The following was written by Bill Evans and published in the Coolum and North Shore News, Ask the Professionals page on Friday, 26th April 2013.
Q: What is hyperopia?
A: Hyperopia or long-sightedness is a defect of sight in which people have the inability to see close objects clearly. People with hyperopia generally see things further away clearer than objects up close, though in higher levels of hyperopia their visual world is blurry both up close and further away. This is due to either the eye being too short in length front-to-back, or the cornea being not curved enough. Hyperopia may affect people of any age.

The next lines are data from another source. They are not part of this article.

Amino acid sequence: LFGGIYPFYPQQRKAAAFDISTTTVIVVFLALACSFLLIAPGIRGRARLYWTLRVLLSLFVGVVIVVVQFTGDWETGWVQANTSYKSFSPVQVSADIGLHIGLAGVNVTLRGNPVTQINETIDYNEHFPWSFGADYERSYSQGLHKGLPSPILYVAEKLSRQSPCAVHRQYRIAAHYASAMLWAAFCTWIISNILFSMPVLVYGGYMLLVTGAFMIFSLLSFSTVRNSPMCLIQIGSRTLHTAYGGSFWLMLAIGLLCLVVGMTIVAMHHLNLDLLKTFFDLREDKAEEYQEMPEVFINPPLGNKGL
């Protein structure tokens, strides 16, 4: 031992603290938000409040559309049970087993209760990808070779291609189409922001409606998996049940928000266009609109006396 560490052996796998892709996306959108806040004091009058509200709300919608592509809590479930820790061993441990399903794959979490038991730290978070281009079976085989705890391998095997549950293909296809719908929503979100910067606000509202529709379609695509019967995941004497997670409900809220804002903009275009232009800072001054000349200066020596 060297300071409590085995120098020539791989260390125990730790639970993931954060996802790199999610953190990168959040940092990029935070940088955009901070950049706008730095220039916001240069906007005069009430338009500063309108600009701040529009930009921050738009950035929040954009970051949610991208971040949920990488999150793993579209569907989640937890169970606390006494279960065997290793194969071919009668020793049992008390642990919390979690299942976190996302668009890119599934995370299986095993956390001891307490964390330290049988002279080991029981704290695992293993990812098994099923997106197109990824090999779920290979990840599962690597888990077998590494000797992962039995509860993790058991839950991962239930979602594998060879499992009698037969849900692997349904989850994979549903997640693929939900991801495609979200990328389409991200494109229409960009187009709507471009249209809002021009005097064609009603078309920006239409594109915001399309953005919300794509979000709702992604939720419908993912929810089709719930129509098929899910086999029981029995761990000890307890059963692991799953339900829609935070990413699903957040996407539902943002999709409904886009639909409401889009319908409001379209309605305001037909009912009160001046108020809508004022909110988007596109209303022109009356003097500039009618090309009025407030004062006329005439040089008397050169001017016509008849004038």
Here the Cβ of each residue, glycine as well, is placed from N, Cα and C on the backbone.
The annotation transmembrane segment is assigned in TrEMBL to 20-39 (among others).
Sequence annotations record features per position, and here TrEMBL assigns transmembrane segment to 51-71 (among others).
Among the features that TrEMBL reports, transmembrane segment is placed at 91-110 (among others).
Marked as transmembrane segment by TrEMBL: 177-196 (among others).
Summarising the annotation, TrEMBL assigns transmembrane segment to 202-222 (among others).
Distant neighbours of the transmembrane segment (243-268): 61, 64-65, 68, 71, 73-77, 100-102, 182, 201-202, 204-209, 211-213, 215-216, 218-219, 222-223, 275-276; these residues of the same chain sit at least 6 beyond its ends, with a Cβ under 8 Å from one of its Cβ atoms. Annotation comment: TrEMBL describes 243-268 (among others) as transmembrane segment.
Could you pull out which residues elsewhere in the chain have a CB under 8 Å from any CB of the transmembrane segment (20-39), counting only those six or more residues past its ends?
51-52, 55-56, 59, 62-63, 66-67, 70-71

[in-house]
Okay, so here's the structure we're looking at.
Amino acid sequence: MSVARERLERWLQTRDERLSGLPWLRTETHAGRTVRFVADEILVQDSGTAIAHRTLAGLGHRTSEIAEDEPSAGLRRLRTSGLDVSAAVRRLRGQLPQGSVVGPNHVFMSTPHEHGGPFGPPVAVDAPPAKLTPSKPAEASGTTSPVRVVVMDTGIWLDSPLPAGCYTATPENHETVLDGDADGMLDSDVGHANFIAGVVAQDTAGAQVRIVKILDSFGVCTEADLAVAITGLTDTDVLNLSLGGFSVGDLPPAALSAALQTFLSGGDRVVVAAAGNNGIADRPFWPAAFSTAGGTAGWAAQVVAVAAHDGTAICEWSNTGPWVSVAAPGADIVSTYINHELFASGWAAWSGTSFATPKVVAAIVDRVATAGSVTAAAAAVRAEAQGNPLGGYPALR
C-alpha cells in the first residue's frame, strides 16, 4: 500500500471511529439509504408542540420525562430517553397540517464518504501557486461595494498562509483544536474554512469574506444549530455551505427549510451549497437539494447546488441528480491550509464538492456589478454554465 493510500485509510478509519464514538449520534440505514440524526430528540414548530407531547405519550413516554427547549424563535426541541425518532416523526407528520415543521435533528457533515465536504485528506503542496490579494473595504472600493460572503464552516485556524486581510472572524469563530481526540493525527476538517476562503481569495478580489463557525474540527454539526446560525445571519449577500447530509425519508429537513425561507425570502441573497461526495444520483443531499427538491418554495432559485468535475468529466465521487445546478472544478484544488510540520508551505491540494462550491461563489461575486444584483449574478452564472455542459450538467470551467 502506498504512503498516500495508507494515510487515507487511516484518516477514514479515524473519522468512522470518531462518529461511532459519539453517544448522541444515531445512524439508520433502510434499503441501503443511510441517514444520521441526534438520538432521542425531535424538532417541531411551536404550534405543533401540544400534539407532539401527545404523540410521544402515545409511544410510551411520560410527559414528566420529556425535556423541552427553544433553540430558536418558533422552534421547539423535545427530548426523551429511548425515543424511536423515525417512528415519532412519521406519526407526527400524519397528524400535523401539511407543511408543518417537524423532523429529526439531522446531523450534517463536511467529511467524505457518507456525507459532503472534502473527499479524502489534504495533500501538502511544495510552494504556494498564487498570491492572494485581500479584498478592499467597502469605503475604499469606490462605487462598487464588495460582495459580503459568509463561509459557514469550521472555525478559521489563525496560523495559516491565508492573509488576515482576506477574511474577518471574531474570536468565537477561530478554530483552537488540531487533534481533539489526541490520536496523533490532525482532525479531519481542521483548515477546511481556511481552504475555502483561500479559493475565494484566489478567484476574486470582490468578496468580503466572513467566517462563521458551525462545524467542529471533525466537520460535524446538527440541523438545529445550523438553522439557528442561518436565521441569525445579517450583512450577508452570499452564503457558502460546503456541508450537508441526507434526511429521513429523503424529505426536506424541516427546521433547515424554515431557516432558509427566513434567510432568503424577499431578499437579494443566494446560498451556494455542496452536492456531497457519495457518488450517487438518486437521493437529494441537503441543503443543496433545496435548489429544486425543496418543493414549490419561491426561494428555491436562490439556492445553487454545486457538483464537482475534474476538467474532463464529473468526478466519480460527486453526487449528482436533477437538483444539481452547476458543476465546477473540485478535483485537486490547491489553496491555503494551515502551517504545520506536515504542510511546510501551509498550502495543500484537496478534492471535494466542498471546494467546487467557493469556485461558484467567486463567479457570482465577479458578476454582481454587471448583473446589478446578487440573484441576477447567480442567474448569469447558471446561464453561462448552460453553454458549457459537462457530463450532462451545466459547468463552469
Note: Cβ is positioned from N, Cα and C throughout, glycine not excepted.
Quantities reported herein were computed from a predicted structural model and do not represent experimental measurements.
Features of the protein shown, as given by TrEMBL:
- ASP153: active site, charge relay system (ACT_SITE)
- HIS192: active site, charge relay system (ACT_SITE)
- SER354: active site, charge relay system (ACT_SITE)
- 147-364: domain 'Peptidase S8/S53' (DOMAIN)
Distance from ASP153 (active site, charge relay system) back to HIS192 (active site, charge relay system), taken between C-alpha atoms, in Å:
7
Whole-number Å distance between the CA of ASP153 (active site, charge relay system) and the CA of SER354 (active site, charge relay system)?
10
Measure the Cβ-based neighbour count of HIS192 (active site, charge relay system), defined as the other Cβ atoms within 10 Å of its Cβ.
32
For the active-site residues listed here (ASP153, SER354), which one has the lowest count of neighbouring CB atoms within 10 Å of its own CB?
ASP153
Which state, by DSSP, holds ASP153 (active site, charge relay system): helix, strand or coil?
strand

In many cases small amounts hyperopia can be left untreated. Glasses or contact lenses may be used to correct hyperopia, or an ophthalmologist may perform corrective surgery such as LASIK to improve vision.
Many people confuse hyperopia with presbyopia. Although both conditions affect reading vision, in presbyopia a person’s reading vision deteriorates with age, due to the crystalline lens inside of the eye losing its flexibility.